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Driving Change

Alphabet's Sidewalk Labs proposes mobility nirvana

Imagine, a city where the residents and commuters wouldn't need to own cars.

This article is adapted from the newsletter Transport Weekly, running Tuesdays. Subscribe here.

After 18 months of hard discussions, community engagement and controversy, Sidewalk Labs (a division of Alphabet, aka Google) unveiled its master plan Monday to create a tech-enabled smart city out of an eastern waterfront in Toronto. 

If Sidewalk Labs can overcome the uneasy feeling of Google using a city as a sandbox — in an era when tech companies such as Facebook are increasingly being seen as negligent actors — the organization's blueprint could be one of the most interesting, innovative and sustainable designs for transportation and mobility in the world. 

The plan's overall transportation goal is to design a city where the residents (planned for 4,200) and commuters wouldn't need to own cars. Close to three-quarters of transportation trips would be made with a combination of transit, biking, walking, electric self-driving vehicles and on-demand services such as ride-hailing and shared e-bikes and e-scooters.

Data — who owns it, how it's collected and how it's secured — is proving to be the big sticking point for many urban mobility plans.
Such a mobility-friendly city could save families $4,000 a year on vehicle costs and could create "perhaps the largest climate positive district in North America," said Sidewalk Labs CEO Dan Doctoroff on a media call Monday morning. A big part of the company's sustainability plan will entail constructing 10 buildings made with mass-produced timber that in turn would be created in a planned new local factory (that would also create jobs). 

Sidewalk Labs' vision for the region is to test out various urban digital technologies and then, with approval from government and stakeholders, potentially scale them in another proposed section of the city. This broader "scaling" plan in an area called the Innovative Development and Economic Acceleration (IDEA) district could be one of the more controversial parts of the plan put forth Monday.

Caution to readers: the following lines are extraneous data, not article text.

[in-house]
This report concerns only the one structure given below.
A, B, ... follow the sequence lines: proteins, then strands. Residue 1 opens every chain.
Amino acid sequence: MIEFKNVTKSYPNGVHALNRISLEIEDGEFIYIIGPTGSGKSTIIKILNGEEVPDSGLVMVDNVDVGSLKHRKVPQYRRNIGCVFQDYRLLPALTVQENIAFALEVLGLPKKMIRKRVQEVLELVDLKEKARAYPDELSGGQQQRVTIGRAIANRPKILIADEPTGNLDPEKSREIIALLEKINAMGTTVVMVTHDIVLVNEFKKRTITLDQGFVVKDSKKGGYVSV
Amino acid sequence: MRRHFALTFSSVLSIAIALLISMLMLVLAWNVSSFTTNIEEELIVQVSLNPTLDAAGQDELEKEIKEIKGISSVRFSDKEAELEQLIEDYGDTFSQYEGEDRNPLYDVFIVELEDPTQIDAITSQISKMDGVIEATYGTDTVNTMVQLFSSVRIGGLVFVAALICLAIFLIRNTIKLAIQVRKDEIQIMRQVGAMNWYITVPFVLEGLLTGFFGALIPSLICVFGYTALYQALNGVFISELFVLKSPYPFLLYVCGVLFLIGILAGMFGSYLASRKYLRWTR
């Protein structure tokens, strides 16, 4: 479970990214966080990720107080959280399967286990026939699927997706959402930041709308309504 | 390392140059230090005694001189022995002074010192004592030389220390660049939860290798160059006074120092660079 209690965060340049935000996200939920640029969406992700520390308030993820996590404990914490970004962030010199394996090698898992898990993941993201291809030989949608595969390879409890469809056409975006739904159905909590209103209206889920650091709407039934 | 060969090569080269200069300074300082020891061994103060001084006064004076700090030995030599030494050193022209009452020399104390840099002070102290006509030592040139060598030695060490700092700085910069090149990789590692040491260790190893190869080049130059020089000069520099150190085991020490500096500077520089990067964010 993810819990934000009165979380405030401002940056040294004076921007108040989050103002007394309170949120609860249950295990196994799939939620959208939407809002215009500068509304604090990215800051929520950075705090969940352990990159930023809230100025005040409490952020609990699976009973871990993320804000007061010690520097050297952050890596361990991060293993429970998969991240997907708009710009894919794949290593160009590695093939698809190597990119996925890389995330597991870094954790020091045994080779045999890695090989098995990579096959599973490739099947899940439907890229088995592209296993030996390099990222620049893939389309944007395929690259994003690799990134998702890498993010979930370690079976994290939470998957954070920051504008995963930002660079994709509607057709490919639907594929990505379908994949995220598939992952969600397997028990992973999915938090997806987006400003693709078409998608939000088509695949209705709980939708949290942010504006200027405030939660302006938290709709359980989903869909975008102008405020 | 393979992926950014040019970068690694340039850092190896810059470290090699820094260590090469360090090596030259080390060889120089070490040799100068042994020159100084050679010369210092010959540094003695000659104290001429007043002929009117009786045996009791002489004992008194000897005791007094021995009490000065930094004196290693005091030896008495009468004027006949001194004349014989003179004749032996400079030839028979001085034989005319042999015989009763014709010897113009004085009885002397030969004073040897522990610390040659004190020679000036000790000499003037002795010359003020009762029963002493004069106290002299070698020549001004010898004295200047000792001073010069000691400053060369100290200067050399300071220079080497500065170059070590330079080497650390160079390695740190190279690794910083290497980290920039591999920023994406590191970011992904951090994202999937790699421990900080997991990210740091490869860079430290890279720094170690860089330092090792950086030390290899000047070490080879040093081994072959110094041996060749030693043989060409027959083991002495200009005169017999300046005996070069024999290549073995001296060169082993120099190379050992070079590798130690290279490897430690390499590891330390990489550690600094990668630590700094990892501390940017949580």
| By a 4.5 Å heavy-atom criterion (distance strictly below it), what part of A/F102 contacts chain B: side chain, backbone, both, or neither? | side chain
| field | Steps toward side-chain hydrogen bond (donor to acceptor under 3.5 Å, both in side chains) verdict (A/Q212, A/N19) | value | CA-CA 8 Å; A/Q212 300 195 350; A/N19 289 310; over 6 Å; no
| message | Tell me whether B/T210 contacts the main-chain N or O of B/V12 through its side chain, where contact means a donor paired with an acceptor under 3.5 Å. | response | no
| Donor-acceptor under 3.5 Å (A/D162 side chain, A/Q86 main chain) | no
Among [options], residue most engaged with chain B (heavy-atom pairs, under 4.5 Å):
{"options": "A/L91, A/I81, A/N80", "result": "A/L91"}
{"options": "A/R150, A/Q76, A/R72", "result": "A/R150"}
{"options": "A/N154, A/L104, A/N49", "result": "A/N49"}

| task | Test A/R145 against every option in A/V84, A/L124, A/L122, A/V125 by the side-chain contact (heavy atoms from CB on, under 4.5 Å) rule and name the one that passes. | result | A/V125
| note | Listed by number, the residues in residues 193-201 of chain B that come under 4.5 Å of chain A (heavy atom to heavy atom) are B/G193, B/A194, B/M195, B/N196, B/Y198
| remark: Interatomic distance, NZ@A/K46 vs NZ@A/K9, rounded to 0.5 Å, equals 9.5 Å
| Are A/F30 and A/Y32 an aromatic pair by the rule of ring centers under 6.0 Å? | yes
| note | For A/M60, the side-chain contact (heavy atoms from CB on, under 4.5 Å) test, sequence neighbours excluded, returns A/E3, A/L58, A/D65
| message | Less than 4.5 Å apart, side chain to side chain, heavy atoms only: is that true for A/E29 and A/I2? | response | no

Doctoroff gave examples of some mobility tech ideas, including making dynamic curbs and flexible street spaces that can become passenger loading zones or freight zones depending on the time of day. He also mentioned traffic signals that could change based on the age of a pedestrian, so someone walking at a slower pace could be given more time to cross the street. Other mobility ideas include mobility subscription packages, EV car sharing and robust bicycling and pedestrian infrastructure. 

While it sounds like a dream scenario for transportation planning, as every transportation planner knows, getting things such as light rail extended to the region are initiatives largely out of control of Sidewalk Labs. That idea would need extensive government approval that Sidewalk Labs doesn't yet have.

The entire plan, of course, is just a proposal. It will go through a rigorous commenting and feedback period, and Sidewalk Labs expects to move forward on some type of concrete plan by the end of this year or early next year. 

Regardless whether Sidewalk Labs is able to move forward on its ambitious plans will depend on how worried communities are around a tech behemoth such as Google being at the core of a city's plans. Chief amongst those concerns will be how Google will collect, store and use the data from all the tech experiments. To alleviate those fears, Sidewalk announced the idea of the creation of an "Urban Data Trust" that would be run by independent third parties and that would make decisions on such data issues. 

Tech companies with similarly ambitious smart city and mobility plans, from cellular carriers to scooter companies, should watch this test case closely to try to discern lessons learned. Data — who owns it, how it's collected and how it's secured — is proving to be the big sticking point for many urban mobility plans.

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